It’s like what happened in “Night Train” on a smaller scale. That episode explored Willie’s model train hobby, and fleshed out his backstory in doing so. This episode, at least in part, is taking a recurring detail that began in the pilot and giving us a reason behind it. And even if this episode turns out to be shit, SPOILER it does SPOILER, I appreciate that.

Anyway, Willie’s trying to install some whatever the fuck thing so he can talk to Australia, and he says he’s been at it for three months. ALF twists a screwdriver and that does whatever it’s supposed to do and some guy with a shitty sitcom Australian accent immediately comes over the radio to greet them. Hilarious. At least it shut Willie up and we don’t have to worry about him getting a chance to become an actual character before the show ends.

ALF, "Mind Games"

Later on ALF is bothering Brian. He’s irritating the family because he’s bored; there’s nothing on TV, he says, and he’s read all the books in the house.

I call significant bullshit on the latter since we’ve only ever seen ALF read tabloids and Cyrano de Bergerac, and we know that Willie has a pretty meaty library in the garage. Even a voracious reader would need substantial time to get through all of that. What’s more, ALF at no point acts like a well-read individual. Shit…he can’t sit still, so when exactly is he plowing through Willie’s Modern Library collection? You think this jackass who can’t go two seconds without dancing a jig on the coffee table sat quietly for several weeks and read Ivanhoe? I sure as hell don’t.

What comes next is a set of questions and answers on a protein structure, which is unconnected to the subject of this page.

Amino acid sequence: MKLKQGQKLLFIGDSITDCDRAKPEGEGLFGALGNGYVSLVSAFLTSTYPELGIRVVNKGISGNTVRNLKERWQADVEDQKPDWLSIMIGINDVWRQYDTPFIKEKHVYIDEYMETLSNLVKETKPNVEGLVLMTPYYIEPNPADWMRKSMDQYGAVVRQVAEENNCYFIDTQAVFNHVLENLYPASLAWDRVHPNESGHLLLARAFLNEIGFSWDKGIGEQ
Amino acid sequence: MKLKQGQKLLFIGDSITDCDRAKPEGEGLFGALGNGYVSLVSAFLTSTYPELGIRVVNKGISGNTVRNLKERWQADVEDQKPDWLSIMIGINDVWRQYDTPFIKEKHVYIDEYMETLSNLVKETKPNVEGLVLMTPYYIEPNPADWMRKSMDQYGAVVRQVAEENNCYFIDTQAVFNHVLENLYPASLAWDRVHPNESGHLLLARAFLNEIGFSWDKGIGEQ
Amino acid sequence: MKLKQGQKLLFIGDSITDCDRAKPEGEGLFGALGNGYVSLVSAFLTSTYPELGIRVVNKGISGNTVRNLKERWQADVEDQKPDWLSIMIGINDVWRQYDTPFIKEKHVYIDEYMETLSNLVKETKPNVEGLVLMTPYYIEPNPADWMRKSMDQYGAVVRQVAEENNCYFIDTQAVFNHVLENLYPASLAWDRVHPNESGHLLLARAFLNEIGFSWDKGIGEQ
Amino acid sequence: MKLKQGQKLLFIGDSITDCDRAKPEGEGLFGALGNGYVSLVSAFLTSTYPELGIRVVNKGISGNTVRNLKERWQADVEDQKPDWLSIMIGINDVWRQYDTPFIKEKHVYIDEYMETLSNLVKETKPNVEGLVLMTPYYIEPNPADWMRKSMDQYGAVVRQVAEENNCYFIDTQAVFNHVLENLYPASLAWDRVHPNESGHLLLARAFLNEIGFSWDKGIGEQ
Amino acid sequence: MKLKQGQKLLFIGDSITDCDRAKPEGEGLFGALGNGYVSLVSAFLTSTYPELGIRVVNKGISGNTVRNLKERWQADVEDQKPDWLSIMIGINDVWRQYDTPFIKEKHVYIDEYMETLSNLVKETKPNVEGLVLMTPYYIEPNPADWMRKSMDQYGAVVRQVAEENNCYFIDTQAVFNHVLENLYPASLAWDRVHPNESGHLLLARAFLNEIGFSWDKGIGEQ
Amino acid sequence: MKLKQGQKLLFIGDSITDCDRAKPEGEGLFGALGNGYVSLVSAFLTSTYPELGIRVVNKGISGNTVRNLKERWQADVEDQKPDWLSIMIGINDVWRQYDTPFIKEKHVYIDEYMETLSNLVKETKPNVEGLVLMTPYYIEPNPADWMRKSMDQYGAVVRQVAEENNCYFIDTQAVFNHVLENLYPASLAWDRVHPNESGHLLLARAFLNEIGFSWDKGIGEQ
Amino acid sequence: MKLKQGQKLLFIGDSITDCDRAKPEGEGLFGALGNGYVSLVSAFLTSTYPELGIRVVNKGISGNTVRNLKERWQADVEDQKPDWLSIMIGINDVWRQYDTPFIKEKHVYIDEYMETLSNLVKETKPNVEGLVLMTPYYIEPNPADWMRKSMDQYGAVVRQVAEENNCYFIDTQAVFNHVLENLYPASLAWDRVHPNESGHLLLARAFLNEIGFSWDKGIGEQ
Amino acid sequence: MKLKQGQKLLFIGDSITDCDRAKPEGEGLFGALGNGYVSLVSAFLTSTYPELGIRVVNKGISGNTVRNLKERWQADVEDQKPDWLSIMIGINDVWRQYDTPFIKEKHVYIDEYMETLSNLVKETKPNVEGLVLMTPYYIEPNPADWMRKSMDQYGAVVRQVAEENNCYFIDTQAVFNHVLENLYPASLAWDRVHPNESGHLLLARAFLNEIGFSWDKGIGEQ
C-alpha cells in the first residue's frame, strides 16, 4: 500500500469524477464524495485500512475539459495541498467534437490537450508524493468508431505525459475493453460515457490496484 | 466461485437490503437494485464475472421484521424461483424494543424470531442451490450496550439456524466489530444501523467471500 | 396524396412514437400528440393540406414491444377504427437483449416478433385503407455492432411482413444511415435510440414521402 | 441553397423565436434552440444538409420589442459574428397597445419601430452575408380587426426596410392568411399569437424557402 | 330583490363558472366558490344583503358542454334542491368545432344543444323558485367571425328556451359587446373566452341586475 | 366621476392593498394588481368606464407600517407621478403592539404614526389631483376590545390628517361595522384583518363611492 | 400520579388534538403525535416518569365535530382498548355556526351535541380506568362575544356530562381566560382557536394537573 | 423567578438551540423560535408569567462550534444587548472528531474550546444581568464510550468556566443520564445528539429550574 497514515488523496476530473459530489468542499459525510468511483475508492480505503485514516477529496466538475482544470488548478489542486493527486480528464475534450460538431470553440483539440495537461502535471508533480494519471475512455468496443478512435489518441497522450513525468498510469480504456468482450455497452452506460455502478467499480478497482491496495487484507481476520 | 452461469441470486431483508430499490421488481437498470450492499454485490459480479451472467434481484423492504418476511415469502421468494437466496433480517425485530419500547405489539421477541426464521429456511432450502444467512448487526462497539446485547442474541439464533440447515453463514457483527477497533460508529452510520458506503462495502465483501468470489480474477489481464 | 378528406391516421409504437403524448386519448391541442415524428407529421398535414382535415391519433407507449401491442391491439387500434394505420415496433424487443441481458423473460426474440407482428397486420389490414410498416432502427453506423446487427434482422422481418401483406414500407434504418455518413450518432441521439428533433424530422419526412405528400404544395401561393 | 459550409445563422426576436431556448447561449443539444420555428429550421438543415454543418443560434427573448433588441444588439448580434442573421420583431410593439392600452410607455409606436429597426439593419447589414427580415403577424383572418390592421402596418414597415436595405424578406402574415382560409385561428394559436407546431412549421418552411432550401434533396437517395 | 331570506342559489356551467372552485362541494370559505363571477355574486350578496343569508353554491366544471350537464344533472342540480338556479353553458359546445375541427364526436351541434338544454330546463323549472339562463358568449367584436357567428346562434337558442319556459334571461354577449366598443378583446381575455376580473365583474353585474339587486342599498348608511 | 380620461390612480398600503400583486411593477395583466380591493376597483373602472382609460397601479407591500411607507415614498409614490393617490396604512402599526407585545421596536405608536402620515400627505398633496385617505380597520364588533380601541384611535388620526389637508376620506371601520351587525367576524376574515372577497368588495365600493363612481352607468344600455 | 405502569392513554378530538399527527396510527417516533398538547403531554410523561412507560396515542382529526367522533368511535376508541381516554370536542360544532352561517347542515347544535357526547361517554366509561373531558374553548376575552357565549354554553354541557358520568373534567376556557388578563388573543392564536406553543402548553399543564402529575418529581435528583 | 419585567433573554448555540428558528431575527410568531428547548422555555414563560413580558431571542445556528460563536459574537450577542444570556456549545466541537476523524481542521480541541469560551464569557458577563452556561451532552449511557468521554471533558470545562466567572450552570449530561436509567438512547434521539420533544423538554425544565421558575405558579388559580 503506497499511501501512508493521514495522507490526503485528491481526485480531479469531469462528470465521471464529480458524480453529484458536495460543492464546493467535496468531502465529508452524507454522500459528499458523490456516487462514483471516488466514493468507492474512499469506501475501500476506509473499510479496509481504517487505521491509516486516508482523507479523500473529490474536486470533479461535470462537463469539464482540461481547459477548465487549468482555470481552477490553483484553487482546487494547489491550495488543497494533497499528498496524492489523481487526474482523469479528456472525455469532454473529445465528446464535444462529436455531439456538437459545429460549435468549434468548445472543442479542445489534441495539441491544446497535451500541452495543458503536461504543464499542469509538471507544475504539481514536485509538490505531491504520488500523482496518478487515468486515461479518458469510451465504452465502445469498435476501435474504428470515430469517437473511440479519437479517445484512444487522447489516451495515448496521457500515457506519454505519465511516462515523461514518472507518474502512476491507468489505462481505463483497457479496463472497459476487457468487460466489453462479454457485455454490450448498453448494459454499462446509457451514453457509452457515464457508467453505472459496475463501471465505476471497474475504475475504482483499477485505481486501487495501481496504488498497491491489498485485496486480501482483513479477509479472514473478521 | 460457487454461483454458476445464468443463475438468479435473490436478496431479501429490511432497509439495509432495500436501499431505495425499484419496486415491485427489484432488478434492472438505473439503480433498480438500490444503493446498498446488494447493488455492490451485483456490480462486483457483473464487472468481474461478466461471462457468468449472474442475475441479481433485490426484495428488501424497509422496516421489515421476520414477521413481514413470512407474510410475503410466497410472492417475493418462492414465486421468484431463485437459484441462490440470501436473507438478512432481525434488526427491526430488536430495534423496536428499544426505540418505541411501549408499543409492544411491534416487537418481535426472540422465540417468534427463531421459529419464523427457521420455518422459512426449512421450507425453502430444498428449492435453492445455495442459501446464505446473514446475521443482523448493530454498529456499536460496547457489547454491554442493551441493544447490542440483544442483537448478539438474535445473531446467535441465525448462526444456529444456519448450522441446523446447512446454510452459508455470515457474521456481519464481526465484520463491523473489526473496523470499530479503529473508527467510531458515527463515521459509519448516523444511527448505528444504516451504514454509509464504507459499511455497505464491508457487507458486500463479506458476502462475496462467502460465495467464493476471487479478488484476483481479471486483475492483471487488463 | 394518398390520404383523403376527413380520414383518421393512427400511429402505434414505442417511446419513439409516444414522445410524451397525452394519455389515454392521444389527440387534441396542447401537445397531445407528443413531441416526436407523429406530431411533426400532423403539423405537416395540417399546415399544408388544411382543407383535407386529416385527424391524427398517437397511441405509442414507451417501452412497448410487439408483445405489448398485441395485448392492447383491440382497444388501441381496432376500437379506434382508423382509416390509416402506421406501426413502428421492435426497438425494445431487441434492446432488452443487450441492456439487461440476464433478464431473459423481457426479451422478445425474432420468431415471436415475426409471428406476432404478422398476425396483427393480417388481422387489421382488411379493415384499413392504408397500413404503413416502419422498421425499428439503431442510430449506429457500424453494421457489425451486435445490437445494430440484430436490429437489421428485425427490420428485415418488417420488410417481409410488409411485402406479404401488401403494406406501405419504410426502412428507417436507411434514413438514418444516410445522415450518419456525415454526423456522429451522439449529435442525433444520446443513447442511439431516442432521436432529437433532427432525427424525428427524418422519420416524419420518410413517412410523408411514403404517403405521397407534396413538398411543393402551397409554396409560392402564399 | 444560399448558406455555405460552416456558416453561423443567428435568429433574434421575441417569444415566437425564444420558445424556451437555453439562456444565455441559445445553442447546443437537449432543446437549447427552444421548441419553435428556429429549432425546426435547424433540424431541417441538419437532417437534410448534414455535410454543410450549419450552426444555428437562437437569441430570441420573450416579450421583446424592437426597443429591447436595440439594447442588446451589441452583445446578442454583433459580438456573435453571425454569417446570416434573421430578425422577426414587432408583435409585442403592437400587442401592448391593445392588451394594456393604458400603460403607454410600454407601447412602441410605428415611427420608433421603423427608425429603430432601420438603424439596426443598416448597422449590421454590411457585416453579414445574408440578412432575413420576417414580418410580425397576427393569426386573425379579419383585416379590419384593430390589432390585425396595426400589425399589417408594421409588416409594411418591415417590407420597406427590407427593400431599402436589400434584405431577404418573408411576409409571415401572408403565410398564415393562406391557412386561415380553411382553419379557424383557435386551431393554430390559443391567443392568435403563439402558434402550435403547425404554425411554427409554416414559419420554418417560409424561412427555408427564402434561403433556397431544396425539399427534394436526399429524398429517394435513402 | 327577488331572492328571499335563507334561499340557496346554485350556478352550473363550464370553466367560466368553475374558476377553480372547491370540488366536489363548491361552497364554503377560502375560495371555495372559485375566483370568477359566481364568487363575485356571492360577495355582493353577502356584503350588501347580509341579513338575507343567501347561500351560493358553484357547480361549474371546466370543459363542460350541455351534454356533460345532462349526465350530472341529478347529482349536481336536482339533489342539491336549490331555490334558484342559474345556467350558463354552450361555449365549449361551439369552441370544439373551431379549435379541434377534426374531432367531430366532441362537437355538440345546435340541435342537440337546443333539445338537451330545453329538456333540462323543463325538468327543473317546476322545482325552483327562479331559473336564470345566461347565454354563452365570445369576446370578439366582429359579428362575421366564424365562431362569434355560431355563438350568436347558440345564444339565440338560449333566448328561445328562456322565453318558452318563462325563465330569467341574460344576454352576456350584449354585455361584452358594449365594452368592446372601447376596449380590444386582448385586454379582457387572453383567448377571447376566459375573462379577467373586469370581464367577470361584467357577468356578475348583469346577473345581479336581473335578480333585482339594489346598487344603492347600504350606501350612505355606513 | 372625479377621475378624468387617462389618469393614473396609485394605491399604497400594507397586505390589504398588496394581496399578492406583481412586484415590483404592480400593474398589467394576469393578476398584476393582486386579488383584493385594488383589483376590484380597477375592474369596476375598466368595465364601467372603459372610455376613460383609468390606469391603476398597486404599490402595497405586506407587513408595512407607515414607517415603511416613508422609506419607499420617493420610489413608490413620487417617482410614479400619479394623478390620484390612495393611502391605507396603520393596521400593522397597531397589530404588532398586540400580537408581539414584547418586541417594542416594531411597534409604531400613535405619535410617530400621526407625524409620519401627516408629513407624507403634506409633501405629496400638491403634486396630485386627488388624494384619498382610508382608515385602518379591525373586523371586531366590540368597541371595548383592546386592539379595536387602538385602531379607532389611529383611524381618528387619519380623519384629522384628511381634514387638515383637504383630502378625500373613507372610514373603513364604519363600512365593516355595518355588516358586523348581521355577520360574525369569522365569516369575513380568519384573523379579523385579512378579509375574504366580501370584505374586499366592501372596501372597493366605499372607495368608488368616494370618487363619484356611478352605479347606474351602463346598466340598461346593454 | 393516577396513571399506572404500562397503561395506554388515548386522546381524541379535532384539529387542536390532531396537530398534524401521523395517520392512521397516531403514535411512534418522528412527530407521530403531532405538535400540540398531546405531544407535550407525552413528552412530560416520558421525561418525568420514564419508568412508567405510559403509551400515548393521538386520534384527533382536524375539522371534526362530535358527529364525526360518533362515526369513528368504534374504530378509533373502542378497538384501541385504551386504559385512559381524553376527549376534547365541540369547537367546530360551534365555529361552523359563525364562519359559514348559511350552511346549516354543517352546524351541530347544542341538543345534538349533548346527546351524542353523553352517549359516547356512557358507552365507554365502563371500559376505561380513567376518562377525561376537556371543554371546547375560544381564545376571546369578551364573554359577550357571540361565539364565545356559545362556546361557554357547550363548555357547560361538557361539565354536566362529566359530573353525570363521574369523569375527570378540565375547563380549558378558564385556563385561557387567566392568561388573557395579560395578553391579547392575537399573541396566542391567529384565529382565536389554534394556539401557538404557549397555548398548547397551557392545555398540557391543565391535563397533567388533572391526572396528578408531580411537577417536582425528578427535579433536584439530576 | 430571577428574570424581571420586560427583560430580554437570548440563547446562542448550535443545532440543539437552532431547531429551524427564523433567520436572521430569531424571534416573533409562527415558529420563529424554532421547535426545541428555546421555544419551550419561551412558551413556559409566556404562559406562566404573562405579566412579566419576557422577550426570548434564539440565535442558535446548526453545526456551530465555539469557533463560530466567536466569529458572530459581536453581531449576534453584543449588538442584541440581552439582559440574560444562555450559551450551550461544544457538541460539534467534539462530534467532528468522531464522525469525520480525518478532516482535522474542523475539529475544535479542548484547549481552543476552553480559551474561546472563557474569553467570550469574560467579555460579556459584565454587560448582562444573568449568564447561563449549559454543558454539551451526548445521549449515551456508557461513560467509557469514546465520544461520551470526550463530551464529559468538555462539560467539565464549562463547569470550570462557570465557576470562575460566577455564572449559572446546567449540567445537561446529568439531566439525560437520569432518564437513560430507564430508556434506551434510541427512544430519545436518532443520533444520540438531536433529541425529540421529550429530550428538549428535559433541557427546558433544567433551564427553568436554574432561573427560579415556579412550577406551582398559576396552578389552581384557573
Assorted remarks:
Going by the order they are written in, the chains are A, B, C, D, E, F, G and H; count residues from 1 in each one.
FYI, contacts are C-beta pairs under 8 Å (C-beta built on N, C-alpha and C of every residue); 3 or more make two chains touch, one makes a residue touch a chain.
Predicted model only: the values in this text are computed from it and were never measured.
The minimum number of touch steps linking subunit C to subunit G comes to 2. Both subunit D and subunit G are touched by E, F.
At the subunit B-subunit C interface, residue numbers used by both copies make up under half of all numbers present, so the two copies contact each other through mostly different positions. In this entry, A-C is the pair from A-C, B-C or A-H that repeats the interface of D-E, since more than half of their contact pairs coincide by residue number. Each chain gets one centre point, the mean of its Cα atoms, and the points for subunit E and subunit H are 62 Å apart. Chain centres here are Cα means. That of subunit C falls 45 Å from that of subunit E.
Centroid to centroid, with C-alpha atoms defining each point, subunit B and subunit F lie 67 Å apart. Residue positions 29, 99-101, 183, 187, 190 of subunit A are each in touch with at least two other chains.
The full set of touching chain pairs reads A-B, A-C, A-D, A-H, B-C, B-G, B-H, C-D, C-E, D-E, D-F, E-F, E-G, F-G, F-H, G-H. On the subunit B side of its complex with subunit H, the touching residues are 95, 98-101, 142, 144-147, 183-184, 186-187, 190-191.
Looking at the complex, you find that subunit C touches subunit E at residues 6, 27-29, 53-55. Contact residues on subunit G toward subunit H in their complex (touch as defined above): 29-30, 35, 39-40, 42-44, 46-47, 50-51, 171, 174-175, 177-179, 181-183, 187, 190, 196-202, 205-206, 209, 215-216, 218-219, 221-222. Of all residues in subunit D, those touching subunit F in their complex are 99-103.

Brian is working on earning his Bachelor Living merit badge. I’d make fun of that, but this is great preparation for Benji Gregory’s life without a steady paycheck.

ALF tells him that the dinner he’s making sucks balls, then he does a conga with broccoli and throws vegetables around the room. You know, like everyone well-versed in world literature is wont to do.

ALF, "Mind Games"

Next it’s his turn to piss off Lynn. He does so by sleeping instead of exercising with her, or something. Dr. Dykstra, take me away.

I find it interesting that in each case ALF is meant to be bothering the family member, but he actually helped Willie. It would have been better if he got hair inside the ham radio or something, so that even if he installed the Aussie-to-English translator he’d still leave Willie with a reason to be upset. As it stands ALF just helped him do something he was already having trouble doing himself, so why does that make Willie angry? Think of all the extra time this leaves him with to not help his wife raise any of his kids.